US 3165028 A
Abstract available in
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Description (OCR text may contain errors)
Jan. 12, 1965 K. R. KESKA scARFING TooL Filed March 3o, 1961 m mm m, N @a m @E m R. M u @E m H am: ON M l m lm/ N v m n Q ATTORNEYS United States Patent O Ohio Filed Mar. 30, 196i, Ser. No. 99,392 13 Claims. (Cl. 9t-24) This inevntion relates as indicated to a novel scarfing tool, and more particularly to a tool especially adapted for the trimming and removal of the internal bead normally produced along the seam of electrically welded tubing.
Internal bead removal may be a problem in all sizes of electrically welded pipe but poses an especial problem in the case of relatively small tube diameters in the range of from about 1 to 4 diameter, for example. Such tubing may be employed as conduit for electric wiring, in which case the specications are quite strict regarding removal of the internal bead which may sometimes be jagged and sharp and therefore capable of cutting into the electrical insulation. Even when the tubing is to be employed for the transmission of fluids, it is desirable to remove the bead to avoid causing turbulence in the ow and the lodging and accumulation of dirt or other foreign matter. In the case of large diameter pipe or tubing, the practical solution of the problem is not so diiicult inasmuch as a mandrel may be inserted within the tube extending to a point shortly beyond the welding station and there provided with a carriage having a cutting tool adapted to engage and remove the weld bead, such tool being supported by appropriate rollers bearing against the opposite wall of the tube (see, for example, Crawford Patent 2,687,464).
Devices of this nature have not proved equally satisfactory in the case of small diameter tubing for several reasons. The rollers supporting the cutting or trimming tool must then, of course, be of very small diameter with even smaller bearings and at the high rate of tube travel attained in modern tube mills, these rollers are forced to rotate to excessive speeds, resulting in frequent failure. In some mills, it is customary to stop the operation and replace the carriage and cutting tool every four hours. In such small diameter tubes, there is also a problem in disposing of the trimmed ash, especially when the latter forms a long curling strip instead of breaking up into small chips. Such trimmed flash may jam the cutting tool or carriage within the tube, causing the same to break loose from the supporting mandrel and to be carried into the usual flying shear at a subsequent cut-off station. Damage to the shear may result and in any case it is necessary to make a search through the stack of cut-oit lengths of tubing to locate the section containing the carriage and cutting tool, and also to scrap those cut-off lengths of tubing from which the internal bead was not removed.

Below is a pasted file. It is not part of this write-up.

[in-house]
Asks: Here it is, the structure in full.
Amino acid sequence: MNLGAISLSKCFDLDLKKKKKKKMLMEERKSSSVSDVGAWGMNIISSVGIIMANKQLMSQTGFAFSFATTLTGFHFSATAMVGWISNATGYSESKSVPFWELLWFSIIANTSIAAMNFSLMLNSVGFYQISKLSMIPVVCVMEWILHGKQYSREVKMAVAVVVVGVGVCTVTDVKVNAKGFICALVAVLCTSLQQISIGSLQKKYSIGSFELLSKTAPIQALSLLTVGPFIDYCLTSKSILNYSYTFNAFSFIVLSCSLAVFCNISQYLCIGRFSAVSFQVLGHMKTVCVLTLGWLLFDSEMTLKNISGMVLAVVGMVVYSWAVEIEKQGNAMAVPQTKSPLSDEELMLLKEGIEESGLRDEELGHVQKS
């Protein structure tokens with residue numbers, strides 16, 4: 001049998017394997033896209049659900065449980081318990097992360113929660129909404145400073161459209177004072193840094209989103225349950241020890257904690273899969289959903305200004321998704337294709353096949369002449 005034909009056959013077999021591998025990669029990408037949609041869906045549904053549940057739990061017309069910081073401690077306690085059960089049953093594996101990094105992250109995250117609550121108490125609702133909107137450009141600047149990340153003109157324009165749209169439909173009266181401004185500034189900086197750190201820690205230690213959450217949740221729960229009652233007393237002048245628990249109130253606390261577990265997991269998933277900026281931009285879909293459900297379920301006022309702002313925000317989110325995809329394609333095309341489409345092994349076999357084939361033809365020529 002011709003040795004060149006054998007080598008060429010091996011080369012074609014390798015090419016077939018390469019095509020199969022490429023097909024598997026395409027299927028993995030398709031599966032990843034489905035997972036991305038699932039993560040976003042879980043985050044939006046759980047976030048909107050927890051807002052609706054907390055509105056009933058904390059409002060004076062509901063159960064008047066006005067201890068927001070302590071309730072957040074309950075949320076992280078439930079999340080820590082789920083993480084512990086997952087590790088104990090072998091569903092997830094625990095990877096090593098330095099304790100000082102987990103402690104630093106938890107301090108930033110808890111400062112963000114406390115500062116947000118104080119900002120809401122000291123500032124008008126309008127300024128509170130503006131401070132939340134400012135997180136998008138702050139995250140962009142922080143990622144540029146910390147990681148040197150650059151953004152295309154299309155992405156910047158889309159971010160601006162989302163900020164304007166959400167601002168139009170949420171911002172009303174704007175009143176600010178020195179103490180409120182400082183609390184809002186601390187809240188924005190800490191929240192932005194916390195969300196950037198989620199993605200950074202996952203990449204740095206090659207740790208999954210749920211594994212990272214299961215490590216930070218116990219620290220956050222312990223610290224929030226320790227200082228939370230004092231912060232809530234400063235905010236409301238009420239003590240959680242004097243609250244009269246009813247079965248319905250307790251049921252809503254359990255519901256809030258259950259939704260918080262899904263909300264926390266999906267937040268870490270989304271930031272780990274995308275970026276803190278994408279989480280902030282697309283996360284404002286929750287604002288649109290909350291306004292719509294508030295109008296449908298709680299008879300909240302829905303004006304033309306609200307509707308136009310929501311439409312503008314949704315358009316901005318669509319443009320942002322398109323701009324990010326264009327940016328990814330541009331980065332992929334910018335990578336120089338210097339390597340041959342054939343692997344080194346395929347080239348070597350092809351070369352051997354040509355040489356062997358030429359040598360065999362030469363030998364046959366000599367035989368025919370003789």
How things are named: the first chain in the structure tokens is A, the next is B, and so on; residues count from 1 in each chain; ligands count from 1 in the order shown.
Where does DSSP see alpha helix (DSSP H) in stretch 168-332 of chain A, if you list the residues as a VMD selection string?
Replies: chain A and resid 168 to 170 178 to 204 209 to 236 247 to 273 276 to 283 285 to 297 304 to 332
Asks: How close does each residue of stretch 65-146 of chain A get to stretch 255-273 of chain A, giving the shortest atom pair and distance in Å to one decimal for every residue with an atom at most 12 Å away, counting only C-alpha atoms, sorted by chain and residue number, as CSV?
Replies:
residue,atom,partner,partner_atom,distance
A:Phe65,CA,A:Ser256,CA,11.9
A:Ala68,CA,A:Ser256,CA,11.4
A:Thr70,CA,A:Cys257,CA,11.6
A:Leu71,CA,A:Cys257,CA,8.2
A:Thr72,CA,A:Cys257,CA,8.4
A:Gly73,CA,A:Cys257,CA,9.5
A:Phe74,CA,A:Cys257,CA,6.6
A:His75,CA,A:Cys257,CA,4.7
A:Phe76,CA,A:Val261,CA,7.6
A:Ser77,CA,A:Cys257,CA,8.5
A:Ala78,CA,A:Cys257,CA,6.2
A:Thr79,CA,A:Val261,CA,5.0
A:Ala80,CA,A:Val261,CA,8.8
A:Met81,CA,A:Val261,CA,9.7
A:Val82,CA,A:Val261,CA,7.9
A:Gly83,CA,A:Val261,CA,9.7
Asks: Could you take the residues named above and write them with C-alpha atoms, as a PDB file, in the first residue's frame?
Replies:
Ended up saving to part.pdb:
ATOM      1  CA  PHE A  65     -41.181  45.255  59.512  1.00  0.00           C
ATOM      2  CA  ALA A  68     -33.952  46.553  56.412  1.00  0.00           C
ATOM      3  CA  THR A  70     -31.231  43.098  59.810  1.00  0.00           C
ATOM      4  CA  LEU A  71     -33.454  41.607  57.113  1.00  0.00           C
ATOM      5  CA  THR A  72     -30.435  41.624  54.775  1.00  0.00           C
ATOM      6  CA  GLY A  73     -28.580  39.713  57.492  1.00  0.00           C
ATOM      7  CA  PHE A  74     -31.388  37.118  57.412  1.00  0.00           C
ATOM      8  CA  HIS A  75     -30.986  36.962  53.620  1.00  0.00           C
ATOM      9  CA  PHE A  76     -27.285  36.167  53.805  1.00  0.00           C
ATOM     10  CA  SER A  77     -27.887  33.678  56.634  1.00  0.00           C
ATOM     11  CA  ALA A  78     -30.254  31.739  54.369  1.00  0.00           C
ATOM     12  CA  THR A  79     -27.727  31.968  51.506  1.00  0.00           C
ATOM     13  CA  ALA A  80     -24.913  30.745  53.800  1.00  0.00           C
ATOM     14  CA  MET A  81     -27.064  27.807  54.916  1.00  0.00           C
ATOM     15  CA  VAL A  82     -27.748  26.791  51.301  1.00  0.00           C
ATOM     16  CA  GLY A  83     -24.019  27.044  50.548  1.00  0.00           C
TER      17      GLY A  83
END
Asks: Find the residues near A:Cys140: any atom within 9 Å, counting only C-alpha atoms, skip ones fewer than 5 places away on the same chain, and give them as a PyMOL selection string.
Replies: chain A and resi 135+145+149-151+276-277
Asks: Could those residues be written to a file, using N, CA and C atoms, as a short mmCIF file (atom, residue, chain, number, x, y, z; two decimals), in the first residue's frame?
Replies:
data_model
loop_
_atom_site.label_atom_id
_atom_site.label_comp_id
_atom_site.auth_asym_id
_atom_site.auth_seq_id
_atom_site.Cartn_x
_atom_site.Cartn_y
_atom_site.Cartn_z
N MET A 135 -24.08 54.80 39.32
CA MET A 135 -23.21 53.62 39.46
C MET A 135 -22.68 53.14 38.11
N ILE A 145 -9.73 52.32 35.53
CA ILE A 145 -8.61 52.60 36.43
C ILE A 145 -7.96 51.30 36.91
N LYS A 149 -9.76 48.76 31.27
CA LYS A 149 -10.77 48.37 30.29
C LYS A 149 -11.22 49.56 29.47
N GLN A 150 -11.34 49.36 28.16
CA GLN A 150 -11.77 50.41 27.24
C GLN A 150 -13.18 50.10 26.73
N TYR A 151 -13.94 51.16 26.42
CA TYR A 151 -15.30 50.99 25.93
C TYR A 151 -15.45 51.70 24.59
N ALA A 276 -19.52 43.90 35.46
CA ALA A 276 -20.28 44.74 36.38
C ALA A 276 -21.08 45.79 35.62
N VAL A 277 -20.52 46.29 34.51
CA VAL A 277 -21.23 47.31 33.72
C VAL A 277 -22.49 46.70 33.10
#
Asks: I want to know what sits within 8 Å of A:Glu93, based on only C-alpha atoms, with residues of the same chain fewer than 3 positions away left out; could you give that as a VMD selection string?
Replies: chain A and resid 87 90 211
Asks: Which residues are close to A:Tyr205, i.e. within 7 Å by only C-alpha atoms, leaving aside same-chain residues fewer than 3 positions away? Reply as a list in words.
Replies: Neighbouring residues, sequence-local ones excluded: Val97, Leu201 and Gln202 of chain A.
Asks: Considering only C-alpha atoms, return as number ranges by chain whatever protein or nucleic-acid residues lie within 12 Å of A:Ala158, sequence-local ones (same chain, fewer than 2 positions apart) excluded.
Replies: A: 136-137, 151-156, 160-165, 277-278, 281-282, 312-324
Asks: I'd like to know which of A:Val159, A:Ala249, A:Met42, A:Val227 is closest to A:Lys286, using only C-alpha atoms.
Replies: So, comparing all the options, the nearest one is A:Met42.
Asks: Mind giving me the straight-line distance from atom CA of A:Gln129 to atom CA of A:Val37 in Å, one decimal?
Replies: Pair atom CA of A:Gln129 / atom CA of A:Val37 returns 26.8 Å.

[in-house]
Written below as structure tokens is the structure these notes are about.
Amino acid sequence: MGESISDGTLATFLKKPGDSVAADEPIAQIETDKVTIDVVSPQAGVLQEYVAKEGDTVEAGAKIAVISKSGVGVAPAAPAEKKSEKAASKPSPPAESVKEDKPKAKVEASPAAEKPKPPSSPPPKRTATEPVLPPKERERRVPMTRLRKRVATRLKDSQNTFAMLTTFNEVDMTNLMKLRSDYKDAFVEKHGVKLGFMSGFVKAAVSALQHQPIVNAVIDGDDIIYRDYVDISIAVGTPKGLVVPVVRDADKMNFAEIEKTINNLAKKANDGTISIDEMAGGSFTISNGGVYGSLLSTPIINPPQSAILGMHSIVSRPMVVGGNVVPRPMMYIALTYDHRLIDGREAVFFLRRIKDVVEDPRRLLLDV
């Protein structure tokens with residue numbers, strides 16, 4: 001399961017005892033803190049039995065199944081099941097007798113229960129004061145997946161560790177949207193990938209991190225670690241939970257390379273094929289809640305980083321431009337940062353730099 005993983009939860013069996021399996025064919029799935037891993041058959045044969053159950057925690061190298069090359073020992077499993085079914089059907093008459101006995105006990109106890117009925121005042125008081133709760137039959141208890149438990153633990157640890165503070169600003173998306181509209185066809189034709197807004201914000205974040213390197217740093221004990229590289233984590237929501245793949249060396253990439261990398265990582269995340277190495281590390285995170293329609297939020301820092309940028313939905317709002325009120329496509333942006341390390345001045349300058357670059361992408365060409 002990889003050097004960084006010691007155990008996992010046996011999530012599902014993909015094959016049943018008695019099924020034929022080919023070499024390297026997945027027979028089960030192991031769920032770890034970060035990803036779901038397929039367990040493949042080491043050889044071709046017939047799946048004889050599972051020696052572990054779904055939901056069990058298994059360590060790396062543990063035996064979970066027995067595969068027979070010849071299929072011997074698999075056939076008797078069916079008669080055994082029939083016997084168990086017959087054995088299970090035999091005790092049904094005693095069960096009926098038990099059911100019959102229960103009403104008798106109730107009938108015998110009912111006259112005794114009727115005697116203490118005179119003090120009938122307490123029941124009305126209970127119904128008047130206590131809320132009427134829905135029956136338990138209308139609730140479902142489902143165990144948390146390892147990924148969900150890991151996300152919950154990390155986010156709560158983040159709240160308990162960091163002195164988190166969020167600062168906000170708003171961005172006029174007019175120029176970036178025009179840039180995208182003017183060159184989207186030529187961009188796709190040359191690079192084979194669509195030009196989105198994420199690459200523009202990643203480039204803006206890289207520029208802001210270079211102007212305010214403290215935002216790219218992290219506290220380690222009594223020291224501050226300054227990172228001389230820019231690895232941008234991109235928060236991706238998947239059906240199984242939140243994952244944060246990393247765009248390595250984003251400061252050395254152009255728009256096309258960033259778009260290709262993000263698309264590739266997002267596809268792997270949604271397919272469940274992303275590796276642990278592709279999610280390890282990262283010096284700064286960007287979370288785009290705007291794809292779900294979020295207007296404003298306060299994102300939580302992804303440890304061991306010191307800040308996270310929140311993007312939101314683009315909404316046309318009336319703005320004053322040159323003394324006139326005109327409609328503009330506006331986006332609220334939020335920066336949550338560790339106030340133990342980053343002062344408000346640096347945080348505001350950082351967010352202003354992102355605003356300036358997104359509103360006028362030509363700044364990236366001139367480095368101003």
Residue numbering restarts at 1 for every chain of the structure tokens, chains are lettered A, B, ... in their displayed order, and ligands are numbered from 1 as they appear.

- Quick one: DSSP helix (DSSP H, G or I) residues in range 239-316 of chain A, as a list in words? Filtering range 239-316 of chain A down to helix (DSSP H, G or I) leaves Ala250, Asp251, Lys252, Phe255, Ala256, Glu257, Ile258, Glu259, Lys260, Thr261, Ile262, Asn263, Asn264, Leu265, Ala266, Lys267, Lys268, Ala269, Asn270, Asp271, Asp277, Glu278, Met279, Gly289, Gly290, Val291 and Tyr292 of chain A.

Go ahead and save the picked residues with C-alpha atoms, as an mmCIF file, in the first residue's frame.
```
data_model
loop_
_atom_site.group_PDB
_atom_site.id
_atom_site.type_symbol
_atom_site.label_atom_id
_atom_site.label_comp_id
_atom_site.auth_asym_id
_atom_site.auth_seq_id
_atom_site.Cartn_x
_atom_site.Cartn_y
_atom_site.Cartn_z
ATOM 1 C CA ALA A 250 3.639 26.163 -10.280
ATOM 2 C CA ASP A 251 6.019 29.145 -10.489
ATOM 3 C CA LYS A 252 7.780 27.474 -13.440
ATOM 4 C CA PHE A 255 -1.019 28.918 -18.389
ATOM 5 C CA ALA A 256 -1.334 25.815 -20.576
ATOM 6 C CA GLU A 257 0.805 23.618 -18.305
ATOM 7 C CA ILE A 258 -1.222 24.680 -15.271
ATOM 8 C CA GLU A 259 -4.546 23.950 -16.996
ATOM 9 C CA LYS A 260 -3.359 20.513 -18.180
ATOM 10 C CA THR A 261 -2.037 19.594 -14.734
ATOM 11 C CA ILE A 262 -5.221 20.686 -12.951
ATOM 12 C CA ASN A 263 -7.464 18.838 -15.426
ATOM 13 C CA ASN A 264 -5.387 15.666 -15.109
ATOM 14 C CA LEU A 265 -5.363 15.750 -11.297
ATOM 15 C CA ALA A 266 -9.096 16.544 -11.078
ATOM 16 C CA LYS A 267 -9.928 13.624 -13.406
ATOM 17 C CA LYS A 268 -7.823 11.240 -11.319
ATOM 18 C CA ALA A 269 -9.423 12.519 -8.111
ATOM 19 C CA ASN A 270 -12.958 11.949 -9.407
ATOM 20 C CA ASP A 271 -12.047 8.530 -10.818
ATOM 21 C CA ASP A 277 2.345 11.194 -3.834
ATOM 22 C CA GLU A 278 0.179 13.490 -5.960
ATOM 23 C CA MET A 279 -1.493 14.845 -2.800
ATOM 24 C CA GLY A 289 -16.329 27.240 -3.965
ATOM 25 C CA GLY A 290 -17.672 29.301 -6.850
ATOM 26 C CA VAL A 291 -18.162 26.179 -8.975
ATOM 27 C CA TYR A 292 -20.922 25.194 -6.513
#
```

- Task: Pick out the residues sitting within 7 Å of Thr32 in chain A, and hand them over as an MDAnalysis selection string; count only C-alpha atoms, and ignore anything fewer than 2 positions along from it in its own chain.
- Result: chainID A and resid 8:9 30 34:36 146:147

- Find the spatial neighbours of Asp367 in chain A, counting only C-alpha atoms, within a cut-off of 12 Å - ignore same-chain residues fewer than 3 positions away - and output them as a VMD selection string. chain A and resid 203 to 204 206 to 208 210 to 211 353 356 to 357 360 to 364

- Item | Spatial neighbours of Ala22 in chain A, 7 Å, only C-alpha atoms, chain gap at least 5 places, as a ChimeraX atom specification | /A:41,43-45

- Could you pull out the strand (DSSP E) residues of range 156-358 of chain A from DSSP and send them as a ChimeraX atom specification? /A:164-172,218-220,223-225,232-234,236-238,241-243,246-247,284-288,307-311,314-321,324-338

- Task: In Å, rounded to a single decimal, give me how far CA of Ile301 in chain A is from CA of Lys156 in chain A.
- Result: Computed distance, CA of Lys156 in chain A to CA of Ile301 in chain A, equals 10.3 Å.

It is accordingly an important object of my invention to provide a new and improved scarng tool for the removal of the internal bead of electrically welded tubing which will permit the mill to be operated at full rated speed without quickly wearing out the tool support means.
Another object is to provide such tool, the support portion whereof is particularly adapted for employment in tubes of relatively small diameters although also suitable for use in larger diameter pipe and tubing.
Still another object is to provide such tool which may be employed for long periods of time without replacement and which is adapted for very quick and simple adjustment, both to provide a fresh cutting edge and to regulate the depth of cut.
A further object is to provide such tool having no moving parts.
3,l'65,28 Patented Jari. l2, 1965 A still further object is to provide such tool which will avoid scratching or otherwise marring the interior surface of the tube.
Yet another object is to provide a cooling system for such tool separated from the spent liquid derived from the welding zone cooling system.
Other objects of the invention will appear as the description proceeds.
To the accomplishment of the foregoing and related ends, said invention then comprises the features hereinafter fully described and particularly pointed out in the claims, the following description and the annexed drawing setting forth in detail certain illustrative embodiments of the invention, these being indicative, however, of but a few of the various ways in which the principle of the invention may be employed.